Where Ancient Meets Future in Faith, Finance and Personal Growth
Mark T. Whitten
Jul 15, 2019
4 min read
Updated: Jan 27
For more than a decade, I have watched Columbia, Tennessee (more popularly known as "Muletown USA" by its locals) transform from a sleepy has-been, Southern town to a budding model of quaint culture and commercial progress. So why did I leave?
Known mostly for its annual parade of mules, which attracts over 300,000 visitors from all over the world, along with being the home of eleventh President of the United States, James K. Polk, Muletown has experienced an awakening. As the suburban sprawl of Nashville continues to experience exponential growth, more and more artist, investors, families and musicians are beginning to discover the little treasure located about 45 minutes south on I-65 from Nashville called Columbia. Outfitted with its iconic town square and its growing number of cute cafe's, music venues and boutiques, Columbia is poised to continue to its cultural renaissance along with its commercial prospects.
Okay, enough with the travel promo, go check it out if you're ever in middle Tennessee, but contact me before you go and I can give you some great places to go...Why did we decide to leave after things were just starting to get good? I mean, our son Jed was in an amazing school whose high school just won the national mock-trial championship, we were rooted, connected, and firmly planted within the community, not to mention the fact that we had just helped to establish a new church plant there in town. I had a good job, good neighbors, Julie's business was growing, my parents lived close by, as well as friends we had cultivated for many years. So what gives?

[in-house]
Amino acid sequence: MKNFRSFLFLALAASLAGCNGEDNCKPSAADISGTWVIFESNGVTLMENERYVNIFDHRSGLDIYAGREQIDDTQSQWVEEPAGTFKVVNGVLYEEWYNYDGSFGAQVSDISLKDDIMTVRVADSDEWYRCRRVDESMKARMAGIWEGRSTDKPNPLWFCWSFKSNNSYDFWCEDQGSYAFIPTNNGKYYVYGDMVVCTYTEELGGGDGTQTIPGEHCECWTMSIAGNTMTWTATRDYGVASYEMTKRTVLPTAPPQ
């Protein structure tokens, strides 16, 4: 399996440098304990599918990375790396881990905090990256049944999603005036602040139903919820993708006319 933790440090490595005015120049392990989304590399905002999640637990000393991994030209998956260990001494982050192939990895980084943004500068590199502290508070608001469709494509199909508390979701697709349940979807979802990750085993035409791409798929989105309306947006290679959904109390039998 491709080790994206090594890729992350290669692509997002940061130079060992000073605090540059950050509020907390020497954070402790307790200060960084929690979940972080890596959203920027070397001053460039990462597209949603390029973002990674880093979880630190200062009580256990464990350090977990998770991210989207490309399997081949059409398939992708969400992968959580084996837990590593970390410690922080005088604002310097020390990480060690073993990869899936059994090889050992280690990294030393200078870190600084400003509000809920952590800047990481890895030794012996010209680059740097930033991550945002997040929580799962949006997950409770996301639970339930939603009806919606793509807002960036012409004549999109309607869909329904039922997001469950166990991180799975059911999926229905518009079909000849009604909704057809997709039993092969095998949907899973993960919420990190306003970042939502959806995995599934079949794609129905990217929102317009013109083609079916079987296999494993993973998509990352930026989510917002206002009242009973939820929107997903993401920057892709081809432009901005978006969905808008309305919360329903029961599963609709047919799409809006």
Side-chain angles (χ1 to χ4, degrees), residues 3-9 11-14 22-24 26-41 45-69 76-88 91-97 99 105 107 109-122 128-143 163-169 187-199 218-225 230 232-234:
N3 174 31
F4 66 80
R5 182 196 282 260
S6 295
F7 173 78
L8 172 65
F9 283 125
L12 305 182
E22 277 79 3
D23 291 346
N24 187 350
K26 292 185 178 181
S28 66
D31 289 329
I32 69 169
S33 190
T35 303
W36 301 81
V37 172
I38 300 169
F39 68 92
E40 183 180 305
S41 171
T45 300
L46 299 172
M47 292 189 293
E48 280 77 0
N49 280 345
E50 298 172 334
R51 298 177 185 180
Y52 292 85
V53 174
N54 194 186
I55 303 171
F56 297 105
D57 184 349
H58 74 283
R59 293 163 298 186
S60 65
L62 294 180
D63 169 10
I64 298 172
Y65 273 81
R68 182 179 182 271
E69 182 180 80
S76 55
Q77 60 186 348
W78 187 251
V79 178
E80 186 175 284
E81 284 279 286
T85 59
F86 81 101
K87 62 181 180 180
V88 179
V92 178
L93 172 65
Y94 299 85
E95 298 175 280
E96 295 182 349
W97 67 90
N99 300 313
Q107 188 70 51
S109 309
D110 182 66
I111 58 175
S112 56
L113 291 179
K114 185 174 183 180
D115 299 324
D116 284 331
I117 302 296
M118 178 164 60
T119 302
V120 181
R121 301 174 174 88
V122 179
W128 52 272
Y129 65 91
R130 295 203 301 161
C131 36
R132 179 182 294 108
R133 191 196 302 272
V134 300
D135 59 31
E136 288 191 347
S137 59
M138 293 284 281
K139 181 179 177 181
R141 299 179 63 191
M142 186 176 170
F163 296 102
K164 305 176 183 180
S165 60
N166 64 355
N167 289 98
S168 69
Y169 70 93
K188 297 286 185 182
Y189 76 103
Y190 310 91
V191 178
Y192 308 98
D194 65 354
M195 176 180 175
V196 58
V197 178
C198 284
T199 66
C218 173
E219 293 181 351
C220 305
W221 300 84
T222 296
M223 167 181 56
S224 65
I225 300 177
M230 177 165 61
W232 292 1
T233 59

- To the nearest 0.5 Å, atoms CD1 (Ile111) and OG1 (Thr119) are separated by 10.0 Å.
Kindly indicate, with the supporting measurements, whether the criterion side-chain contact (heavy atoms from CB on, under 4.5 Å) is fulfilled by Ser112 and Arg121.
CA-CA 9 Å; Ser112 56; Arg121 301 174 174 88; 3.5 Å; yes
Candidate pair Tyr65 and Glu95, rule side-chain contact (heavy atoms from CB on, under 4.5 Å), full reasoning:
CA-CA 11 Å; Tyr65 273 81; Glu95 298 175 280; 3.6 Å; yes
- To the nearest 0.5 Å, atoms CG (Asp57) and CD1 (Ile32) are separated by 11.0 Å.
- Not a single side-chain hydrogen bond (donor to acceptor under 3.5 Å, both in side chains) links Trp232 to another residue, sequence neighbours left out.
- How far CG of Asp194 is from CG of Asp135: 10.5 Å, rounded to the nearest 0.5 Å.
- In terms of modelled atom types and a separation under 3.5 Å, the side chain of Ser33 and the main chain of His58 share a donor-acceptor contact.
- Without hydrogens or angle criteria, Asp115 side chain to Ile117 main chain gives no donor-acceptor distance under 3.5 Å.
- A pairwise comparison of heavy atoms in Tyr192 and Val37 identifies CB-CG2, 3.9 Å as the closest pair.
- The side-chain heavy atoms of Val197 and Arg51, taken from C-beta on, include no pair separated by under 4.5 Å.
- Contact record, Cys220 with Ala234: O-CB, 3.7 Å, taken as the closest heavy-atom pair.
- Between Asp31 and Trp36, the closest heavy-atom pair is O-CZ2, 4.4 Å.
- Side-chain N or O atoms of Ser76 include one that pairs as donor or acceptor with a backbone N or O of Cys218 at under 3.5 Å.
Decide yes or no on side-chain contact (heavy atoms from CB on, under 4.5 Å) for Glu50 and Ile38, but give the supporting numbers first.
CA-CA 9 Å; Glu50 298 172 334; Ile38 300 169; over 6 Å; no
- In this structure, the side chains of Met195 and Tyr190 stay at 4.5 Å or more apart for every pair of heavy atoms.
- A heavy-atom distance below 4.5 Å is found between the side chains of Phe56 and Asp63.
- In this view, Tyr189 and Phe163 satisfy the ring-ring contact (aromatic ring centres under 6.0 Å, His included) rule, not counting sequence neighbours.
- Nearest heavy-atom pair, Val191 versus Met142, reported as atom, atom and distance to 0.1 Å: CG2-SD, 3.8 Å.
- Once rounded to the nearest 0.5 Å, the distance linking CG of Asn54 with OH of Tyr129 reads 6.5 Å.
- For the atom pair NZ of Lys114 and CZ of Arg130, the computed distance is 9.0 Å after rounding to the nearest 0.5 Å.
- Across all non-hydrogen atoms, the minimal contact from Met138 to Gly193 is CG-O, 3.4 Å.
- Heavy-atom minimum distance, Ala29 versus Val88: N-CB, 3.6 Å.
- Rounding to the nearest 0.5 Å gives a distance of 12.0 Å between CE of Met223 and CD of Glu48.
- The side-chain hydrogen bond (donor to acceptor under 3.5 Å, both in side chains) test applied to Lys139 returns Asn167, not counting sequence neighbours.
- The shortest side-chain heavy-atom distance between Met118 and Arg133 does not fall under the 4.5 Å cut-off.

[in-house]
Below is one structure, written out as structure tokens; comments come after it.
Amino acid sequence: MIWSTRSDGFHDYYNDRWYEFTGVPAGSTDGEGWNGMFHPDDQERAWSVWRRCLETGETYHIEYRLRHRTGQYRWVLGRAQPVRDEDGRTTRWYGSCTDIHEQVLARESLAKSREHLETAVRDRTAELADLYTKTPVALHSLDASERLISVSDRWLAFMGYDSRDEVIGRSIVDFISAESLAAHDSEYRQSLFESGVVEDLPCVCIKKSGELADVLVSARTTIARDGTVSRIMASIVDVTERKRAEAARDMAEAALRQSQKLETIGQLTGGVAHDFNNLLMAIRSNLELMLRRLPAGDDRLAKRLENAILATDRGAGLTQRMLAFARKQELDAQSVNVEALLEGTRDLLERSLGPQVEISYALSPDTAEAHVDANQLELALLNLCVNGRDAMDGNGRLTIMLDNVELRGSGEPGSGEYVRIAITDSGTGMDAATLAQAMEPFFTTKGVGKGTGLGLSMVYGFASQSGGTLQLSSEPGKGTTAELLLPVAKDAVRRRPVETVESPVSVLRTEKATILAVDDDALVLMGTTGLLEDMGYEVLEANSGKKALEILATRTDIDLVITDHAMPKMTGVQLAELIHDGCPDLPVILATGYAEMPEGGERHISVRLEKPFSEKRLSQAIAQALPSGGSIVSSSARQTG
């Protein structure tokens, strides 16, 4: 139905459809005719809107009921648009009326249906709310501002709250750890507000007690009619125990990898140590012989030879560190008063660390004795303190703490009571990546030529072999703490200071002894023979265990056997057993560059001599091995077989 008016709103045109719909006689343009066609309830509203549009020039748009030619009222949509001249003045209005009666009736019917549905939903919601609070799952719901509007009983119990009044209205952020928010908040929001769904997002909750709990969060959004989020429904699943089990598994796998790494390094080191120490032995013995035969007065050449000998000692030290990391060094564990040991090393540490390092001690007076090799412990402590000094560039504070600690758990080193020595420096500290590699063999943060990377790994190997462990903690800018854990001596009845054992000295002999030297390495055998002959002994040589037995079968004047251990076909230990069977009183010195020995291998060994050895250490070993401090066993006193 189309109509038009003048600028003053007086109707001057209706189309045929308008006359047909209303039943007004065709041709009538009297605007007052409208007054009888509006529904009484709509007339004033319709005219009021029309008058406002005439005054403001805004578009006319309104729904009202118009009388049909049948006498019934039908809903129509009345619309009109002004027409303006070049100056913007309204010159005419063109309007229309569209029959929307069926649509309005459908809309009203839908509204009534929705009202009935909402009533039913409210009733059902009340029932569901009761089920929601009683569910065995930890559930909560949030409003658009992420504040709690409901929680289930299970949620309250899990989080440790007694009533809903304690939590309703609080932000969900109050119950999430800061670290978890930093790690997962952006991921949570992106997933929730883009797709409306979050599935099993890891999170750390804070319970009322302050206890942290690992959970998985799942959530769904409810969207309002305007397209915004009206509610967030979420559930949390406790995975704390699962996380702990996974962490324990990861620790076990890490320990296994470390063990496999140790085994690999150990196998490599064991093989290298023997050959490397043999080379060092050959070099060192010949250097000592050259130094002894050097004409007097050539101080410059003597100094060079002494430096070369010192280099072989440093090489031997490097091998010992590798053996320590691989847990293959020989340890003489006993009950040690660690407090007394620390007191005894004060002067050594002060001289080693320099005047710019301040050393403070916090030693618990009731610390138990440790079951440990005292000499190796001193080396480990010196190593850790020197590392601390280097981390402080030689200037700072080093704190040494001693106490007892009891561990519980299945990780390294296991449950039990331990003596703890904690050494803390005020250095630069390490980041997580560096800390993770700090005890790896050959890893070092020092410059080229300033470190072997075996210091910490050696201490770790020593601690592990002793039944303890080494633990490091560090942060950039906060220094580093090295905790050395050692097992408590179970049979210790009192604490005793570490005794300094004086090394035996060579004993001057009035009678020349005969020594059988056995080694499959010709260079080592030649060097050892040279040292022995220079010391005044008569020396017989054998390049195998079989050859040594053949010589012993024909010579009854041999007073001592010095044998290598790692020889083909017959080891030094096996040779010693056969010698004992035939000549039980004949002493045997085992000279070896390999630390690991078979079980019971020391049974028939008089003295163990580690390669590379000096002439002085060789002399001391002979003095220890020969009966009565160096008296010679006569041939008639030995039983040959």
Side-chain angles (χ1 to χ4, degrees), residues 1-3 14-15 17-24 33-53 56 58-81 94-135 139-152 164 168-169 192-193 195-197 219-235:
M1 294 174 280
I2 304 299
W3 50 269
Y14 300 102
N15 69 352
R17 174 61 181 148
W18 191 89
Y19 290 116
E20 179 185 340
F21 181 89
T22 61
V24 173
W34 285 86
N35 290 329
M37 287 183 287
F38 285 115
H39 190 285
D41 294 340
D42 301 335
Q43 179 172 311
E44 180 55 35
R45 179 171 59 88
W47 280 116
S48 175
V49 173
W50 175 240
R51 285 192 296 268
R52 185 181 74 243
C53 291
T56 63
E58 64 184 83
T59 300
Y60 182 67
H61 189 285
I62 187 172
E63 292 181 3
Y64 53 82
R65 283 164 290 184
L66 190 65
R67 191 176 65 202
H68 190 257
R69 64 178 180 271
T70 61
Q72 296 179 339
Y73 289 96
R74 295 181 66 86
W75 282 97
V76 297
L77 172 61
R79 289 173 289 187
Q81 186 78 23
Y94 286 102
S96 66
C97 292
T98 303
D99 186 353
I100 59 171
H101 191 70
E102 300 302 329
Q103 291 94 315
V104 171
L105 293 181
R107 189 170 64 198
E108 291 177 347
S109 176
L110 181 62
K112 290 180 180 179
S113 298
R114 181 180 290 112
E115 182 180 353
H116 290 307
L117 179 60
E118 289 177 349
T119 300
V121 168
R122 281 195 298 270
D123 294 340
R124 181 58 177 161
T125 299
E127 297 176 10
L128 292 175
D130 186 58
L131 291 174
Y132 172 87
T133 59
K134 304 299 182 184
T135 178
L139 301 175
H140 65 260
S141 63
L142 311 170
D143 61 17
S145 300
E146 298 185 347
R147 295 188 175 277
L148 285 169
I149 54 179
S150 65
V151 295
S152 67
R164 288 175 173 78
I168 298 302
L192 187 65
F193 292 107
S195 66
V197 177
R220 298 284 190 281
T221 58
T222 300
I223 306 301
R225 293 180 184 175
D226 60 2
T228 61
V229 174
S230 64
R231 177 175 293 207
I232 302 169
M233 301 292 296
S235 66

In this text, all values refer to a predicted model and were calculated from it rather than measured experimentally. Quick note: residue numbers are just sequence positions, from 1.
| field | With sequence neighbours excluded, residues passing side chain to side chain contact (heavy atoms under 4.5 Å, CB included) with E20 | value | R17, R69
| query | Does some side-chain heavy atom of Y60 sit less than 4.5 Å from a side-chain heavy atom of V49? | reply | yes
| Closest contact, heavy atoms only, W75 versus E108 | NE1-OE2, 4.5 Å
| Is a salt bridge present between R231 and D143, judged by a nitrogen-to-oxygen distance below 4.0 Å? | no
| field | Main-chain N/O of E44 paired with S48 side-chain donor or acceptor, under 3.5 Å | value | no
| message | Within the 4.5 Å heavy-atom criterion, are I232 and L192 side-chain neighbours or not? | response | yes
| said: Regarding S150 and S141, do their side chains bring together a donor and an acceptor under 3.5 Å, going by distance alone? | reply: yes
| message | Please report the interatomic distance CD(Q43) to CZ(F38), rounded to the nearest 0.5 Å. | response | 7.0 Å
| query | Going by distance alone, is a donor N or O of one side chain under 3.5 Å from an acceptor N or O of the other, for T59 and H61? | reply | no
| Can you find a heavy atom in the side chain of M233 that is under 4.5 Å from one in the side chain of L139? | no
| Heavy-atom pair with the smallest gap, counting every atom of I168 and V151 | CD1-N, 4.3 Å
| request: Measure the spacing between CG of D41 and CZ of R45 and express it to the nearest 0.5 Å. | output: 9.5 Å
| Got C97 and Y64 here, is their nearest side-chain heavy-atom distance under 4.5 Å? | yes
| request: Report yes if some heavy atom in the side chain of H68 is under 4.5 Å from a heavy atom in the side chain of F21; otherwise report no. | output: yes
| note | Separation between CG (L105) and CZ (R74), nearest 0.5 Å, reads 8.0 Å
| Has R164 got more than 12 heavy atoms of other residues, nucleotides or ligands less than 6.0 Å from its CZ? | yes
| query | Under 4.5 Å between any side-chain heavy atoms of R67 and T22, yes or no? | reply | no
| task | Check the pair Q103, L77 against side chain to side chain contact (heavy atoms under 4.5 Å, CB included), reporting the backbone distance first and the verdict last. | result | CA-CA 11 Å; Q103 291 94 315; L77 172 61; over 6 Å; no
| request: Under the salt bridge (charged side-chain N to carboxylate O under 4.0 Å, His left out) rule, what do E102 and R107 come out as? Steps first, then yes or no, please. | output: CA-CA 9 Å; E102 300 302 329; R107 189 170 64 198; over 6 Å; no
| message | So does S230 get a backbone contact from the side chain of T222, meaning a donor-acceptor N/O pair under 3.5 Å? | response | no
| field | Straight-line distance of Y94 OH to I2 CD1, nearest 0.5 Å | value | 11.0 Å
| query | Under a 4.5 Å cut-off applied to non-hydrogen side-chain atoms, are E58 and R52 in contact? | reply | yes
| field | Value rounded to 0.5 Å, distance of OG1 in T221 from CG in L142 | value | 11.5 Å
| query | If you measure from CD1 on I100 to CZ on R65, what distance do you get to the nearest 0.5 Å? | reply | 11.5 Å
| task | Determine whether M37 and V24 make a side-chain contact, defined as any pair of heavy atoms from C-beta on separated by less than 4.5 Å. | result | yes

To be honest, I'm still asking that question now that we've planted ourselves in South Florida...Yep, way down there...near Miami.
Aside: one of the greatest things about blogging is that I get to write to myself. It helps me figure-out my life.
What makes a family decide to uproot and, leave everything safe, comfortable, convenient and familiar? To sell a beautiful piece of land on 22 acre, quit our jobs, say goodbye to our family, friends and neighbors? I mean, we were firmly established.
As I'm writing this I keep hearing the words "soul-sizing".
Sometimes we need to need to soul-size our lives. To me, soul-sizing means aligning our environment with what's going on in our hearts.
Lucy, lemme splain. Too often we get paralyzed by people, overwhelmed by our junk, squeezed by toxic relationships, or burned out by our own pious charades. We all have dreams, bucket lists, and creative pursuits that we put on the back-burner thinking that someday the stars will align, the children will be grown, and/or the financial windfall will come. Meanwhile, the heart slowly dies. Soul-sizing is sort of like putting a defibrillator on our lives in an effort to revive our true selves.